In order to place White’s vampire stories in a comparison against economic and political events in Kenya, there was a need to code these stories by location and by date. Her first two sections proved extremely rich in data about Kenya, while the third part of her book dealt with issues and places less associated with Kenya and the wazimamoto’s that took African’s blood. Each story about vampires in Kenya (as well as those specifically about vampires in surrounding areas) were coded by the year the interviewee mentioned as the event taking place. The difficult part was the references to wide swaths of time, such as the ‘1920s’. Instead of discounting these references because of their temporal anomaly, all years in the time frame mentioned were credited with an ‘event’. Thus a historical timeline of events can be tracked. Both timelines, the ‘Kenya-only’ (Figure 1) and the “Kenya+” (Figure 2) graphs are found at the end of this paper. Additionally, data used from Paul Mosley’s The Settler Economies was entered into a graph that could be compared with the data sets from White (Figure 3). The part of Mosley’s data that was chosen as an economic indicator for Kenya was the ‘African agricultural export per head by export price of bag of maize’. This is not the most ideal indicator, but of the sets that had the most complete data for this timeframe, this indicator can be seen as a quasi-gross domestic product of Africans. With the majority of Africans engaged in agricultural production, whether on their own or under the supervision of white settlers, a representation of the African output during this time would be agricultural produce. Additionally, with the data in relation to the export price, the measure includes the economic atmosphere that would have been present in each year studied. This means how the economy affected Africans’ ‘pocket-books’ can be measured by proxy.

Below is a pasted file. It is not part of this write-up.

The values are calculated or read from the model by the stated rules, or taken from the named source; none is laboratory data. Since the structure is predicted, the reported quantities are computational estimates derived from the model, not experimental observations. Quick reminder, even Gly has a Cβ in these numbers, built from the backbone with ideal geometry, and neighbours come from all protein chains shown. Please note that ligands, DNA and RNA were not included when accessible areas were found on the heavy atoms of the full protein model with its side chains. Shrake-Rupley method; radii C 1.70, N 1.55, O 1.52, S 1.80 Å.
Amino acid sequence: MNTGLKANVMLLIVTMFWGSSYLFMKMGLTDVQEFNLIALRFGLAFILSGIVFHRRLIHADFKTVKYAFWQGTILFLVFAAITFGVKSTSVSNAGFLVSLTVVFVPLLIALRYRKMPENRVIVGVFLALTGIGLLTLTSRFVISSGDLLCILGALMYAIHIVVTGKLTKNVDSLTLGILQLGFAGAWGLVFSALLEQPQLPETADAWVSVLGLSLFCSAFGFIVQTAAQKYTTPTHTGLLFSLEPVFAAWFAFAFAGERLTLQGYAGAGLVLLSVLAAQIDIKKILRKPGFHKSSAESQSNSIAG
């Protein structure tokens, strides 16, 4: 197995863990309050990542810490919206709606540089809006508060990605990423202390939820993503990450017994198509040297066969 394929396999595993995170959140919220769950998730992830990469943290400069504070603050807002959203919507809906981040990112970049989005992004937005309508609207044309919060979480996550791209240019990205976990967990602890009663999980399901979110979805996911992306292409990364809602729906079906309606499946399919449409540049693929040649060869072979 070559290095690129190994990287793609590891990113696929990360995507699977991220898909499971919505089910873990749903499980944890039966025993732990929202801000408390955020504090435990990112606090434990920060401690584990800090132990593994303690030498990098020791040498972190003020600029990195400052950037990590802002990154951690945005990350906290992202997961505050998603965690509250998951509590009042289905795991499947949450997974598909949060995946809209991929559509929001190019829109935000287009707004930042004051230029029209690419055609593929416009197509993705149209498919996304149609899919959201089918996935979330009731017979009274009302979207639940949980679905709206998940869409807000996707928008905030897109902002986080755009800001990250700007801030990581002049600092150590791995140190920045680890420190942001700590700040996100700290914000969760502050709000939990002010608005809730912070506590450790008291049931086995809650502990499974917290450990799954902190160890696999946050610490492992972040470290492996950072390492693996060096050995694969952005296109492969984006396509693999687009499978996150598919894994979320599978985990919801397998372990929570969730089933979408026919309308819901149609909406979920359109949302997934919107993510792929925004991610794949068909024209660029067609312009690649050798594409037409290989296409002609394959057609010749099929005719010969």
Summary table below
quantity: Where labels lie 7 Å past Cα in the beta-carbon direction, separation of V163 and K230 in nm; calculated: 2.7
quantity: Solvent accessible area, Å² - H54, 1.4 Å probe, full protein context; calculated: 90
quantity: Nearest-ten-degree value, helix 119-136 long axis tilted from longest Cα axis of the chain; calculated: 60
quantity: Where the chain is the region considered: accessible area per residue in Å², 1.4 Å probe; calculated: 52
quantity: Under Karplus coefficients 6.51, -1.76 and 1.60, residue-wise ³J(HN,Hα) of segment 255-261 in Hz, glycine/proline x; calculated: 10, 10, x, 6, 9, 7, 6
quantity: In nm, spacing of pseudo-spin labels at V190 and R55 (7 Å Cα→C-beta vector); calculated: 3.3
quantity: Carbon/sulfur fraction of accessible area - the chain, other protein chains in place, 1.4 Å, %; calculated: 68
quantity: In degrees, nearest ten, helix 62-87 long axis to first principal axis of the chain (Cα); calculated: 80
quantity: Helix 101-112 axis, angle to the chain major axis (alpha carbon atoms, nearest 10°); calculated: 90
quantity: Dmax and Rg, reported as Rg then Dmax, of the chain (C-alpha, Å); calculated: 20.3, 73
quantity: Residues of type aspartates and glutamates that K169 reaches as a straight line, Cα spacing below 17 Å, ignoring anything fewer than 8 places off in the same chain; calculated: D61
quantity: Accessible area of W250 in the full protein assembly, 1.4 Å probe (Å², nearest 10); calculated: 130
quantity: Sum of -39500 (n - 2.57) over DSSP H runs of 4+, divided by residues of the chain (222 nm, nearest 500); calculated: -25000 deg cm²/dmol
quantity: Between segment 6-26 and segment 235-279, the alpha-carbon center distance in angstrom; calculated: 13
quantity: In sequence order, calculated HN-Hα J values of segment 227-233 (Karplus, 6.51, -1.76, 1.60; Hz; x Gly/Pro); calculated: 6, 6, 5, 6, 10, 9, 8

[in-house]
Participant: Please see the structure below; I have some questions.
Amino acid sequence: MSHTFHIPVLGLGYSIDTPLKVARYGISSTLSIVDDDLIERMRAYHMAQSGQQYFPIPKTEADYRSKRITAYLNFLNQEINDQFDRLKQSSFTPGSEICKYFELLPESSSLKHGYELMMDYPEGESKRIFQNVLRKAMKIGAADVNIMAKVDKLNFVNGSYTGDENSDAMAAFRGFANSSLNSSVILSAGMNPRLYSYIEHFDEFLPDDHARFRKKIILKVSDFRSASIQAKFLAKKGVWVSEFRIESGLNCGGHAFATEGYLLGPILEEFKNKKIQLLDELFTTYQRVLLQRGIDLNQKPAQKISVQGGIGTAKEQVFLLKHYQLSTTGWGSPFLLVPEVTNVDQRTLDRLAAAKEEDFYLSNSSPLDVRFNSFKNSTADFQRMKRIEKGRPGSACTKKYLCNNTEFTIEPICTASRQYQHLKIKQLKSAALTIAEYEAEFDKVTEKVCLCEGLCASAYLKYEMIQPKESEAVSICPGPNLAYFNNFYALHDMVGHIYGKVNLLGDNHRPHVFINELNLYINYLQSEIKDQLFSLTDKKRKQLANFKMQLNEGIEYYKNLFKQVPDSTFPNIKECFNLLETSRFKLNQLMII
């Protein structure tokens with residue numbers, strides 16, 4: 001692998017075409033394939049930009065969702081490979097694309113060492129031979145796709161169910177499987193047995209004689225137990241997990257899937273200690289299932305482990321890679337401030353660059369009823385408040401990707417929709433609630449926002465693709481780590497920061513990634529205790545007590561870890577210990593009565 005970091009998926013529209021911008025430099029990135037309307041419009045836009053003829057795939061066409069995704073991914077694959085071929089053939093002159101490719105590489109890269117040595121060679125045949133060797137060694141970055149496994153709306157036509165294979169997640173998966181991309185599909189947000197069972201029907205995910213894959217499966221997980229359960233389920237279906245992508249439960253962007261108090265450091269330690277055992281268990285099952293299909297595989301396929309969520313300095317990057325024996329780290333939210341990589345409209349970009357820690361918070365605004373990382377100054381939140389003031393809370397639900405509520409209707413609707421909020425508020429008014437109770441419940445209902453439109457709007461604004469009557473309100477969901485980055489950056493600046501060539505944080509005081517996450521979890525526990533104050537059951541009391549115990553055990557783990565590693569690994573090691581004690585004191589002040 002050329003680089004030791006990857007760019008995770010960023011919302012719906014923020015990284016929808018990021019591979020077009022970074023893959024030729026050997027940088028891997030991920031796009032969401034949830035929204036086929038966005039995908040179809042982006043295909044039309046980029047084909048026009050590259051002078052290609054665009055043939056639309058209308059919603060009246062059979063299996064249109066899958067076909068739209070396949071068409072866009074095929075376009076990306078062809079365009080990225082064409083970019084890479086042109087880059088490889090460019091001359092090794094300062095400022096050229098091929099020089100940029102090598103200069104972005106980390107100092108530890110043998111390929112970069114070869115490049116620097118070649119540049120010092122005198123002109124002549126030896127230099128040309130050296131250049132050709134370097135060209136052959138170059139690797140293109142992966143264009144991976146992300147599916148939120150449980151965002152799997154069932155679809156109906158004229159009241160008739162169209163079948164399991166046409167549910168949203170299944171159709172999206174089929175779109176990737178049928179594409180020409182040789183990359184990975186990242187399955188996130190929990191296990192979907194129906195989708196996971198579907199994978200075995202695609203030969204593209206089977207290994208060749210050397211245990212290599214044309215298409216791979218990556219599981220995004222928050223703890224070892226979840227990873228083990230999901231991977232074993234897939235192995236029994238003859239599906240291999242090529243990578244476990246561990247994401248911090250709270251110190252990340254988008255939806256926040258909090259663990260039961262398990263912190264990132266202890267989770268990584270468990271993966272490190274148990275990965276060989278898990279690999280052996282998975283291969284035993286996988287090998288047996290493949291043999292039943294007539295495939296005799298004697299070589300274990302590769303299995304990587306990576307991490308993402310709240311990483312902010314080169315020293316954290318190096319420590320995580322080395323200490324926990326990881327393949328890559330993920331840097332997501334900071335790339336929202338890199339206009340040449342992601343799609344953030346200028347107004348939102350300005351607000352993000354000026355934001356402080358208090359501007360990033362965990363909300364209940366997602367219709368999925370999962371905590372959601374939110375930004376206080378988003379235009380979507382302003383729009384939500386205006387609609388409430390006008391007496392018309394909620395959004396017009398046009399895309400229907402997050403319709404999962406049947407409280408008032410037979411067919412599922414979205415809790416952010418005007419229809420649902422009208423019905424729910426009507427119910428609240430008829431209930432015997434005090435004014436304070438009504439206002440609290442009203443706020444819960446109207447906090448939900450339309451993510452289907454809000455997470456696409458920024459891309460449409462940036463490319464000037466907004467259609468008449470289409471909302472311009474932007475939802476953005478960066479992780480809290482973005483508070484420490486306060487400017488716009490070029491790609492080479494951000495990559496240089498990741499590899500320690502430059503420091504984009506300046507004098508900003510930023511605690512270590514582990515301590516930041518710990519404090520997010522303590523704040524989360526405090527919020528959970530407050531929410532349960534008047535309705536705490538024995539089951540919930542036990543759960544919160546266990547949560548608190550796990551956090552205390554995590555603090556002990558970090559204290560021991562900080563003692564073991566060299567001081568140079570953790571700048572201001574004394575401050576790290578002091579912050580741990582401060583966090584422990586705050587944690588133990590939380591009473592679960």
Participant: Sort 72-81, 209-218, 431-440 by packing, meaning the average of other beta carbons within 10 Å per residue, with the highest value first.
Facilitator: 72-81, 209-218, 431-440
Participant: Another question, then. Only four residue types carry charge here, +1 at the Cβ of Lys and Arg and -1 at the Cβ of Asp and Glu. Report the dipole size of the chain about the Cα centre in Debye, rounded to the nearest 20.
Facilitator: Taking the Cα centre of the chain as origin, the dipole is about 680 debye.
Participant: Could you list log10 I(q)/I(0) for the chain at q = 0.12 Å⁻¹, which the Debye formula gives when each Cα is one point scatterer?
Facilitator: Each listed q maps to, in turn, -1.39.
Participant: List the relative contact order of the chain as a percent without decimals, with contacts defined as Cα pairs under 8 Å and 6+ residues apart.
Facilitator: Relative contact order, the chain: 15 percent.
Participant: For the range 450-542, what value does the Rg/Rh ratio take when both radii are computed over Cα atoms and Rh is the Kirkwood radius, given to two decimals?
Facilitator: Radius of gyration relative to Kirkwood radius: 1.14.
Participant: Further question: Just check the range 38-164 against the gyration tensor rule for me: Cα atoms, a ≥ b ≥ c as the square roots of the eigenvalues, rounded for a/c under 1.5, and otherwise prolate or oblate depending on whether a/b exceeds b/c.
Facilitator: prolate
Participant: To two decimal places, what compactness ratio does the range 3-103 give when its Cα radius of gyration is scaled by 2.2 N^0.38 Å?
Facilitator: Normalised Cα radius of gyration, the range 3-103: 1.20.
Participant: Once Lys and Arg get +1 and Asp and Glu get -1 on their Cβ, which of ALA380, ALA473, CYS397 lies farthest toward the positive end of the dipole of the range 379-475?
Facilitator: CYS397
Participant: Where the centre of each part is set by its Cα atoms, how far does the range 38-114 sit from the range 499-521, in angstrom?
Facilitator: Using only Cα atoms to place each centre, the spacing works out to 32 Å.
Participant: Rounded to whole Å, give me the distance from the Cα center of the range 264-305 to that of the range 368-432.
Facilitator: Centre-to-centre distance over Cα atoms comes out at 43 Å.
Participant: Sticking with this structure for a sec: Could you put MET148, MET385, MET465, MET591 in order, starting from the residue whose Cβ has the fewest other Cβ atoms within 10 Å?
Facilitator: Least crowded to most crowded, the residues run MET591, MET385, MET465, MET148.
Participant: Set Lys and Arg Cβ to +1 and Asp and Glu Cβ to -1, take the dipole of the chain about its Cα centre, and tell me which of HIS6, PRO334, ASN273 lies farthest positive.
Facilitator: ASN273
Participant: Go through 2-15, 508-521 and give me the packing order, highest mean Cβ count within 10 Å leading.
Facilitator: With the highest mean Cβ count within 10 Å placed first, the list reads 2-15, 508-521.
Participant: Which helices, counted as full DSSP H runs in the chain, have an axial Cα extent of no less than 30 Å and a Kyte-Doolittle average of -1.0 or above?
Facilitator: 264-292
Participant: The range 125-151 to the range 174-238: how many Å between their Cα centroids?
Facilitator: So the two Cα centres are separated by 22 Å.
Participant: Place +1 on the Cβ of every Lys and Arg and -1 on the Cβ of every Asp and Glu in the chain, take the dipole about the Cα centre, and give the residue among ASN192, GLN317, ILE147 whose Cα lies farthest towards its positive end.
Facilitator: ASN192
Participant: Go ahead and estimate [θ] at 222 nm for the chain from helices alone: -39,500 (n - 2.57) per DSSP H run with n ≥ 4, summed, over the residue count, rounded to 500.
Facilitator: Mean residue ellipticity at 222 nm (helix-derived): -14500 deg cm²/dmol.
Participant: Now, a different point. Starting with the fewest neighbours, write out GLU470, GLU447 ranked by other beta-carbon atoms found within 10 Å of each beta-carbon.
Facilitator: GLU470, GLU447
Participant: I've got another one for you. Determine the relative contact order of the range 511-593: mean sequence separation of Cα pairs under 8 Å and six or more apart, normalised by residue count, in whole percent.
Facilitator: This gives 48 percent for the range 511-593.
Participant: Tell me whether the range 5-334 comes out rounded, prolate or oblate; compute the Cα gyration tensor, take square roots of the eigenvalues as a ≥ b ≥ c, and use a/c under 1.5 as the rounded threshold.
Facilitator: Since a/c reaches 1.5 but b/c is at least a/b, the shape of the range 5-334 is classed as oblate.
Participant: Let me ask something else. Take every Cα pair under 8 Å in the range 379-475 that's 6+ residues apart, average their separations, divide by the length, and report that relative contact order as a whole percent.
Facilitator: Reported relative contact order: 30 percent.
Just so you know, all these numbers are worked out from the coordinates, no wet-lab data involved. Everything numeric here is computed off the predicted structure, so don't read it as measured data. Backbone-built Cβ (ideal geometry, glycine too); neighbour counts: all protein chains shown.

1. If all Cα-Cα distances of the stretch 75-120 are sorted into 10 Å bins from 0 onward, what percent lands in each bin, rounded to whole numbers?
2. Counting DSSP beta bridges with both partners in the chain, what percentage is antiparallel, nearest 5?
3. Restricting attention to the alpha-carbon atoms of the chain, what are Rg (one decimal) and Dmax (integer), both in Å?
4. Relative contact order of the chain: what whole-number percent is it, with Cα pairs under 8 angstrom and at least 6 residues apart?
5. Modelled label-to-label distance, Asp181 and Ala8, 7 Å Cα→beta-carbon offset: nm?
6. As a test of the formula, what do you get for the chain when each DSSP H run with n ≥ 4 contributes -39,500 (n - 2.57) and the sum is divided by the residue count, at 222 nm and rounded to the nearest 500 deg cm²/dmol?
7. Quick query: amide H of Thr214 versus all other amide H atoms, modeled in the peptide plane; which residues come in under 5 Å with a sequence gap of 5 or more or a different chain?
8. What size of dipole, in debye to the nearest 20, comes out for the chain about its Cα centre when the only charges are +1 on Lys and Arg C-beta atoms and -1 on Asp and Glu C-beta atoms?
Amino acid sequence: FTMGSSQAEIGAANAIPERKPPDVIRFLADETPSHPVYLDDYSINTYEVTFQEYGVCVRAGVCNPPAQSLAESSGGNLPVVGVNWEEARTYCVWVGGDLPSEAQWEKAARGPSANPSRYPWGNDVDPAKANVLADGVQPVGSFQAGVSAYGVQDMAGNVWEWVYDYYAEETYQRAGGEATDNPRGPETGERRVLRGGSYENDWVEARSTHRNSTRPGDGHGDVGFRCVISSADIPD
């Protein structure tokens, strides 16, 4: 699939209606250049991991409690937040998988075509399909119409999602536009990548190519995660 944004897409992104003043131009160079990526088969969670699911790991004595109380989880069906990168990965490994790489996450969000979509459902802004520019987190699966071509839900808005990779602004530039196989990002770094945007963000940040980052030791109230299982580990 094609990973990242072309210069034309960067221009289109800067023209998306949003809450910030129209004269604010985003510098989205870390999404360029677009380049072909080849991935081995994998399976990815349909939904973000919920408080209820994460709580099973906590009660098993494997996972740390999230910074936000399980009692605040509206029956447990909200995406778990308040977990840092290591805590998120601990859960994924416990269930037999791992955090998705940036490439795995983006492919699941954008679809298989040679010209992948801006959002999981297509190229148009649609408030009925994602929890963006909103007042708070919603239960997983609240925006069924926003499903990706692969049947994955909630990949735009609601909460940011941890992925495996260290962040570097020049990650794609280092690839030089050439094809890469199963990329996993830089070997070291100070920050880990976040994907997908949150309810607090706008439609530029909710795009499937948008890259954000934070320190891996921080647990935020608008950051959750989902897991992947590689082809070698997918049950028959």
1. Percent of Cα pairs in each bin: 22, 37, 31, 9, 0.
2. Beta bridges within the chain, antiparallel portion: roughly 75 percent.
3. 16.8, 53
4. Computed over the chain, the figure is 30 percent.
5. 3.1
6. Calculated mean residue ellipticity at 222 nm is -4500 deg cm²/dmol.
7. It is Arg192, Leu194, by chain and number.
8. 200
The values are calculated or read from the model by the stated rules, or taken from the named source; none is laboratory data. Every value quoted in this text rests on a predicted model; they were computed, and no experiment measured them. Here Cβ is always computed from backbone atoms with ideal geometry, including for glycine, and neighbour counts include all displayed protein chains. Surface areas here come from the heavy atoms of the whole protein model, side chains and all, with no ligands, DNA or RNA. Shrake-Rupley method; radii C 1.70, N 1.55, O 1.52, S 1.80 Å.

Post World War I

With the effects that World War I had on societal relationships between the Europeans and Africans well established in the literature, an analysis of the political and economic events following the war might add understanding to White’s vampires. Of particular note is the spike in vampire stories after the war’s conclusion. Why might this have occurred at this time? Numerous sources for White’s work point to the start of the ‘time of vampires’ at the start of the 1920s. This period is of much interest to her study because of the reconfigurations, both political and economic, that are happening in this time.

Figure 1

It is following the war that the British Empire is able to retrain is focus on its colonies in the early 1920s and this matches up to White’s spike in vampire reports (Figure 1). It should be of no surprise that stories of vampires surfaced during this time as spacial and labor realignments were occurring between African and European. This realignment was compounded by the world depression of 1920-1922. Kenya’s export earnings dropped sharply during this time (Ochieng 71). Like many colonies, the loss of funds was supported by increased taxes on Africans. The common method was establishing a tax (hut and poll taxes were used in Kenya) on Africans that forced them into the wage labor market and into the welcoming arms of farmers and industry who then had the upper hand when it came to setting wages (Zamani 266). This was disruptive to the export industry as the majority of Kenya’s export revenue before 1920 had come from African produce (Swainson 33). The period of the 1920s thus left less Africans on the land, which was compounded by the fact that commodity prices for African goods remained stagnate between 1922 and 1938.